Rep. Ed Royce (R-Calif.), the chairman of the House Foreign Affairs Committee, criticized the Trump administration on Friday for allowing hunters to import the body parts of elephants from Zimbabwe, saying that while regulated, conservation hunts can benefit wildlife, the African country’s ongoing economic and political crisis makes it even more likely that it can’t properly manage and regulate conservation programs in order to save elephants from criminal hunters.
“When carefully regulated, conservation hunts can benefit habitats and wildlife populations. That said, this is the wrong move at the wrong time,” Royce said in a Friday statement.
“Today Zimbabwe is in economic and political crisis. American citizens in the country are advised to go outdoors only when necessary. In this moment of turmoil, I have zero confidence that the regime — which for years has promoted corruption at the highest levels — is properly managing and regulating conservation programs,” he continued.
“The administration should withdraw this decision until Zimbabwe stabilizes,” Royce said. “Elephants and other big game in Africa are blood currency for terrorist organizations, and they are being killed at an alarming rate.”
A Federal Register notice made final Fthe highly controversial policy that the U.S. Fish and Wildlife (FWS) announced Wednesday regarding African elephant trophies.
“The Service is able to make a determination that the killing of trophy animals in Zimbabwe, on or after January 21, 2016, and on or before December 31, 2018, will enhance the survival of the African elephant,” the agency wrote.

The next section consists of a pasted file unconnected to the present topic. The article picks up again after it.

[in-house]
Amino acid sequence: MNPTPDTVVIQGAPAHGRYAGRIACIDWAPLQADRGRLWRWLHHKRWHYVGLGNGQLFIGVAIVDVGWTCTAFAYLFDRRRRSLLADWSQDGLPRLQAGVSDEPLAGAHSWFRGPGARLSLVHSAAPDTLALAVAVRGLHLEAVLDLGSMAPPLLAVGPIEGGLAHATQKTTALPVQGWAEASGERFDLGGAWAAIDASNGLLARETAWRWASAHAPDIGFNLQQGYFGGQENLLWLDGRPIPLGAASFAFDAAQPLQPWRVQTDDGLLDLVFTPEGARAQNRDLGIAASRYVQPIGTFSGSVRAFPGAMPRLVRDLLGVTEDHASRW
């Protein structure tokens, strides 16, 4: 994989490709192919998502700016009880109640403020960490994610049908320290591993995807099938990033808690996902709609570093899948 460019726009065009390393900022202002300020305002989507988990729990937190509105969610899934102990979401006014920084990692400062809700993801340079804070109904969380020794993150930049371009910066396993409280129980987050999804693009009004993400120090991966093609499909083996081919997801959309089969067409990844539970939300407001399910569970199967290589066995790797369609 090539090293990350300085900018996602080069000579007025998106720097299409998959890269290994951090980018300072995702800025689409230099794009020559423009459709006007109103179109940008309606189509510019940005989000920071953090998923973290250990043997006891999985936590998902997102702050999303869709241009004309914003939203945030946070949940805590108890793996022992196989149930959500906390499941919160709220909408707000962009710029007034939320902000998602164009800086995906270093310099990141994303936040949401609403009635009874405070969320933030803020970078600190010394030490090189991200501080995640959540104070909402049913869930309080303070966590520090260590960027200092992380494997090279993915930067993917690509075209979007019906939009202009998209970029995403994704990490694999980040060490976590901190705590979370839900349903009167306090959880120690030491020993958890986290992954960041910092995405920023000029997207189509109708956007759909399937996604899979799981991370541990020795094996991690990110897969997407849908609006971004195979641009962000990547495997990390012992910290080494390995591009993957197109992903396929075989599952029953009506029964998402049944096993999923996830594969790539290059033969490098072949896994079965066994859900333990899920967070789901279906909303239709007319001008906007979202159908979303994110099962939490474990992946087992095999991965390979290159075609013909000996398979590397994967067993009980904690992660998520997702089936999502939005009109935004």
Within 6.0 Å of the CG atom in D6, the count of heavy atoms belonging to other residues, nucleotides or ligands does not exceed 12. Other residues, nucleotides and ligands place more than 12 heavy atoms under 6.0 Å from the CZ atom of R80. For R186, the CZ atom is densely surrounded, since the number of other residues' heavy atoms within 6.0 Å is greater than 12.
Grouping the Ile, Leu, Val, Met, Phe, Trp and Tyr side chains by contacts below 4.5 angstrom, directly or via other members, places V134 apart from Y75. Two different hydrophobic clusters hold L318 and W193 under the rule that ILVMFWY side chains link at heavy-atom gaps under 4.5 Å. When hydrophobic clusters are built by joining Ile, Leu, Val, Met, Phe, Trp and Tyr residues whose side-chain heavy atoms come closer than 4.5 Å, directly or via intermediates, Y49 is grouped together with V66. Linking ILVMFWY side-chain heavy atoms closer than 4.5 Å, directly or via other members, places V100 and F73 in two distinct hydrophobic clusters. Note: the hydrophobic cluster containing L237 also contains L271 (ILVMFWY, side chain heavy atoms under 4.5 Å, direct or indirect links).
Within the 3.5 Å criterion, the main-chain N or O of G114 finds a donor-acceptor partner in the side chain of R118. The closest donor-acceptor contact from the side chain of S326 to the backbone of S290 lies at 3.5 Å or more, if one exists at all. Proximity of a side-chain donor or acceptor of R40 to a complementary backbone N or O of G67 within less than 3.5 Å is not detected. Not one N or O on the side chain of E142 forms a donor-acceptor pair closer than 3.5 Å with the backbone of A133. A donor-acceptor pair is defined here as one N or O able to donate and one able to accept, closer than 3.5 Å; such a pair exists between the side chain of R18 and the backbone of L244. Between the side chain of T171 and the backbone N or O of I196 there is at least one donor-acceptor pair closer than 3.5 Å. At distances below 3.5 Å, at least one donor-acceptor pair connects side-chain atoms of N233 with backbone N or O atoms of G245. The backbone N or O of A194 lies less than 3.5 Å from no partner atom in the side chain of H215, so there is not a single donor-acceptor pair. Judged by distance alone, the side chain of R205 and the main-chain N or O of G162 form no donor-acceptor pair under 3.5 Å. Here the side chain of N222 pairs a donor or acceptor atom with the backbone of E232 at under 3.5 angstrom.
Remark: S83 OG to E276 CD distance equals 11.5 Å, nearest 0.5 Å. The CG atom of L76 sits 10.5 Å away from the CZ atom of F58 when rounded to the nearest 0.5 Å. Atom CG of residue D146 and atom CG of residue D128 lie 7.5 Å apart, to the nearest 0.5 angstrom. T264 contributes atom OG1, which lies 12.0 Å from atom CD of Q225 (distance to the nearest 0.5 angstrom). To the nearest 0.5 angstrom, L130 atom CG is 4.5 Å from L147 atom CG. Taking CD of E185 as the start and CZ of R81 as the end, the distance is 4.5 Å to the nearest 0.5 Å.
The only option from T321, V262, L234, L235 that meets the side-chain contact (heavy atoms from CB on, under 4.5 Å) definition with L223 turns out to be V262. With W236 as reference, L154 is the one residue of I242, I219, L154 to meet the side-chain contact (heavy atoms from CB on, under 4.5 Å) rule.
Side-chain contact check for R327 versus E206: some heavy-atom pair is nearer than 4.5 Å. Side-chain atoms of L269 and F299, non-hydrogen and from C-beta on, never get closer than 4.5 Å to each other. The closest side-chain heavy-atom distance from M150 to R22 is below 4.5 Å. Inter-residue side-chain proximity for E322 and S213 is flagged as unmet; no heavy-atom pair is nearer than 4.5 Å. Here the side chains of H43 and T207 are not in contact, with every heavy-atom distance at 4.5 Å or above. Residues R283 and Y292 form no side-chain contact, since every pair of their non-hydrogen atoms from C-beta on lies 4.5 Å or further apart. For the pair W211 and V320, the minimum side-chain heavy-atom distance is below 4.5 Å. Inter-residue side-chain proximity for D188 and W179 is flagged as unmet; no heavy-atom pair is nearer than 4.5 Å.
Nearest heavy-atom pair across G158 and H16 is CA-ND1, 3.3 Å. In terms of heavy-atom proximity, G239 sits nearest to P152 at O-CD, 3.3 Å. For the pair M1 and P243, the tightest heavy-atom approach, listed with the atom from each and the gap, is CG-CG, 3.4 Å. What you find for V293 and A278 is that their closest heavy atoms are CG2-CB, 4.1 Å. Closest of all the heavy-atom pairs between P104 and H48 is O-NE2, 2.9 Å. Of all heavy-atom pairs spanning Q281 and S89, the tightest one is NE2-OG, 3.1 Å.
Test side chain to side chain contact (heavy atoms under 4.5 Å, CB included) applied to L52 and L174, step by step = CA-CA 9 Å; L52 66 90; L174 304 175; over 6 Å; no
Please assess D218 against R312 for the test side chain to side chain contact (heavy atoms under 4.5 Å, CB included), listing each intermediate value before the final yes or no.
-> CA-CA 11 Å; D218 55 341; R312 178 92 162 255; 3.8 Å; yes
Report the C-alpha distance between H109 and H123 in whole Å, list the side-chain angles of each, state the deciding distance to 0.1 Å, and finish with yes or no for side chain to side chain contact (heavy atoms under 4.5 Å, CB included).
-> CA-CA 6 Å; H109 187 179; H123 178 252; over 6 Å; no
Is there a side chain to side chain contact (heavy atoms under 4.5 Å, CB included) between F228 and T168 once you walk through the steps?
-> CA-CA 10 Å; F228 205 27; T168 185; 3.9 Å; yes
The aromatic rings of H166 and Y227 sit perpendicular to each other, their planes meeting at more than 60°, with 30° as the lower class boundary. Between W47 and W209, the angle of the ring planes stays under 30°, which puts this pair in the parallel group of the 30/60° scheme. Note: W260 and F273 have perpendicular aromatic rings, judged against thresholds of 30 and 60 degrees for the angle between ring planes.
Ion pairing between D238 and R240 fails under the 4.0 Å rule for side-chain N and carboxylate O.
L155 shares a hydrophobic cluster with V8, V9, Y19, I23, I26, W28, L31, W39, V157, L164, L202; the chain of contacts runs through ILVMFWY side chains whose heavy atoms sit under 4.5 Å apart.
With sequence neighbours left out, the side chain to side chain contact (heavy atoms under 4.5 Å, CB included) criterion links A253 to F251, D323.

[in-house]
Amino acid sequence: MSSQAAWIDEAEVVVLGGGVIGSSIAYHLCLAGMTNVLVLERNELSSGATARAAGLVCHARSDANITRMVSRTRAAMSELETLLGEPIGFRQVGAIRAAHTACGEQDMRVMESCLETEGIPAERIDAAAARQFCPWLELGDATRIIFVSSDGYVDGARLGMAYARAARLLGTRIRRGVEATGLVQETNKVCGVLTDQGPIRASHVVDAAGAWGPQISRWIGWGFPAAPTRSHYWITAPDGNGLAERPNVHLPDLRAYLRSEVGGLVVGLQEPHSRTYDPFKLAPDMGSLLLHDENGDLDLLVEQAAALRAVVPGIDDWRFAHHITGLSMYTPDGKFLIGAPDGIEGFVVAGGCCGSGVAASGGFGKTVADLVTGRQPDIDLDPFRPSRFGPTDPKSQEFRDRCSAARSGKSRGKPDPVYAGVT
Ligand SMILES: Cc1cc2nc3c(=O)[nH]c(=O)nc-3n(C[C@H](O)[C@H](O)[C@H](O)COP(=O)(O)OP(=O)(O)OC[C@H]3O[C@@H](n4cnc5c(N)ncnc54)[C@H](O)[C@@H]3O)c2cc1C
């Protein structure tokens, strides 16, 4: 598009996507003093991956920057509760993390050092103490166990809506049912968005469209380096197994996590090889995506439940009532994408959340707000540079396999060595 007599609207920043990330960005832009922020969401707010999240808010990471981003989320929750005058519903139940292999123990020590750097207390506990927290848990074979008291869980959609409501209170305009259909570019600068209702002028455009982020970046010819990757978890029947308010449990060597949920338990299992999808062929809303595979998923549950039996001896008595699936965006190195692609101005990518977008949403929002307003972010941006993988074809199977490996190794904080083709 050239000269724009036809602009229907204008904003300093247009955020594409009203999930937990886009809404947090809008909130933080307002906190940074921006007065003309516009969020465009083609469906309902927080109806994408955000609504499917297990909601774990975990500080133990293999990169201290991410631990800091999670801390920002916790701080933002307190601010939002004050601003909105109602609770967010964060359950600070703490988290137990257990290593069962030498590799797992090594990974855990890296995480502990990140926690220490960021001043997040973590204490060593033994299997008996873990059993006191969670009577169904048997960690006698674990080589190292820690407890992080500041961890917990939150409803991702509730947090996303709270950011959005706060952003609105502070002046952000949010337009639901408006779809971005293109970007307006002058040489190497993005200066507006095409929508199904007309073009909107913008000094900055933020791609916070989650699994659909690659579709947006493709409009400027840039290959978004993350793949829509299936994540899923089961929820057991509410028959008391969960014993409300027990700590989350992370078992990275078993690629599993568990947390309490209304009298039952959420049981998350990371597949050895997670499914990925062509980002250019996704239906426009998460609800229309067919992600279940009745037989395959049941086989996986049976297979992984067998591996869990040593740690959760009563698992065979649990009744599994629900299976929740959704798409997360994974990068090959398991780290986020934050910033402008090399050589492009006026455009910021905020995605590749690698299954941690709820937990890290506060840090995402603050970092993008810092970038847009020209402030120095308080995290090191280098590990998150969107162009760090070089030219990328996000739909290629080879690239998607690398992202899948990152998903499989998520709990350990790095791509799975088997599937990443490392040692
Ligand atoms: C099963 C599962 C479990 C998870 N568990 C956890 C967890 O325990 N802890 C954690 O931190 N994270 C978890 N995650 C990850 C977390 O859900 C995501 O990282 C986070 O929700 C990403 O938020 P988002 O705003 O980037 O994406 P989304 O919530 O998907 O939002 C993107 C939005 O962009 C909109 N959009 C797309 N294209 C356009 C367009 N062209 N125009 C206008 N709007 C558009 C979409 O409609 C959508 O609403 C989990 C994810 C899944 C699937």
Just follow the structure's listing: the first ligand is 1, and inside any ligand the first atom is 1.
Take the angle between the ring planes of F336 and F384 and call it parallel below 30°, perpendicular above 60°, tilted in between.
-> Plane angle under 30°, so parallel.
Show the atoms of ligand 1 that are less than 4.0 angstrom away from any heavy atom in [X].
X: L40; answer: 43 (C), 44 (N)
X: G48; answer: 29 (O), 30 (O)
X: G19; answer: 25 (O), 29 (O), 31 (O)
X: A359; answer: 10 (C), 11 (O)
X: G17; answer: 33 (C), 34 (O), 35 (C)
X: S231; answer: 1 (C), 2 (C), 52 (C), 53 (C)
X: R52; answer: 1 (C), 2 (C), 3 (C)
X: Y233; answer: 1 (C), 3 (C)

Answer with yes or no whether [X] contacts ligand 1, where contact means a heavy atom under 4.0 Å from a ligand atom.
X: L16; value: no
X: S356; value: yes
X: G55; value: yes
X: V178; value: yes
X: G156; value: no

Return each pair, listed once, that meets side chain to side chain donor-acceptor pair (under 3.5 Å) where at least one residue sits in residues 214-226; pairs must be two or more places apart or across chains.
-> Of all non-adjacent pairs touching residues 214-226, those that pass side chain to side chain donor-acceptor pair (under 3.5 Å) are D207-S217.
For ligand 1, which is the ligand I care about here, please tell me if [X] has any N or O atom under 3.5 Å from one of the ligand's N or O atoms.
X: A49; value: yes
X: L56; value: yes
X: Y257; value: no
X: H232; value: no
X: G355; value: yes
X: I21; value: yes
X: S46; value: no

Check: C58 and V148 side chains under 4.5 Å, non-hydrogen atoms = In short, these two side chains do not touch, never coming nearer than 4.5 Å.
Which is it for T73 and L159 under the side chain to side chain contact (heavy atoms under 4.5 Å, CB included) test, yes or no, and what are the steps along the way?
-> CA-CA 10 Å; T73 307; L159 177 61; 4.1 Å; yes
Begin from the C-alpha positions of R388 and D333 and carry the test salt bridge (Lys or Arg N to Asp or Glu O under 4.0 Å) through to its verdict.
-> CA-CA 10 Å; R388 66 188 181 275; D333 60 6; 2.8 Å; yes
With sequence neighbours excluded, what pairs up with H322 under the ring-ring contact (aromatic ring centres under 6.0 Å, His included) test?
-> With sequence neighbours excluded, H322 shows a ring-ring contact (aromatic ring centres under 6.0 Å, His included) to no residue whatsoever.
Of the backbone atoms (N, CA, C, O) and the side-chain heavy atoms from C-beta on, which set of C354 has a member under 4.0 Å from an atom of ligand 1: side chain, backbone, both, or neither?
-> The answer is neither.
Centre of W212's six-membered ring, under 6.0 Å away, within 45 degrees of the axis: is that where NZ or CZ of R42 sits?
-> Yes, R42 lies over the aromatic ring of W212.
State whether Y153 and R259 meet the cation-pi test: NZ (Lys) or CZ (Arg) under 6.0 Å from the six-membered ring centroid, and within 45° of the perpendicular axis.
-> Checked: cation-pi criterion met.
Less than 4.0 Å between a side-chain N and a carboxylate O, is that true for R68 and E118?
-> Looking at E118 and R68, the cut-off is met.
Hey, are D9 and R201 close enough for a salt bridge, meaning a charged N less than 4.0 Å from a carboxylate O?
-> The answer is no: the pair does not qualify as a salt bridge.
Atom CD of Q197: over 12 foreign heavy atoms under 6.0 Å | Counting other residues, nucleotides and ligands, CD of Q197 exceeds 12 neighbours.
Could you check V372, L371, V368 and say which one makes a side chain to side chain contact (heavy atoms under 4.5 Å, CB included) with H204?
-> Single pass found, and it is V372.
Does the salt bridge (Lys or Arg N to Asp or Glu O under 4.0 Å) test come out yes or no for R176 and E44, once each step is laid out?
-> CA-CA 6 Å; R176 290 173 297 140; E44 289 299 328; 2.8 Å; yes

“With the information currently available, applications to import trophies hunted during this time period will be considered to have met this requirement unless we issue a new finding based on available information.”
This comes just one day after White House Press Secretary Sarah Huckabee Sanders denied the policy had been finalized.
“There hasn’t been an announcement that’s been finalized on this front,” she told reporters. “Until that’s done, I wouldn’t consider anything final.”
The Hill added:
The agency made a similar decision on trophies from Zambia, but was not required to post that in the Federal Register.
By contrast, the Obama administration ruled in 2014 that allowing trophy imports from both countries would encourage hunting in a way that harmed populations.
The FWS and international authorities consider the African elephant to be a threatened species.
ABC News reports that that the FWS also began issuing permits for the importing of lion trophies from Zambia and Zimbabwe about a month ago.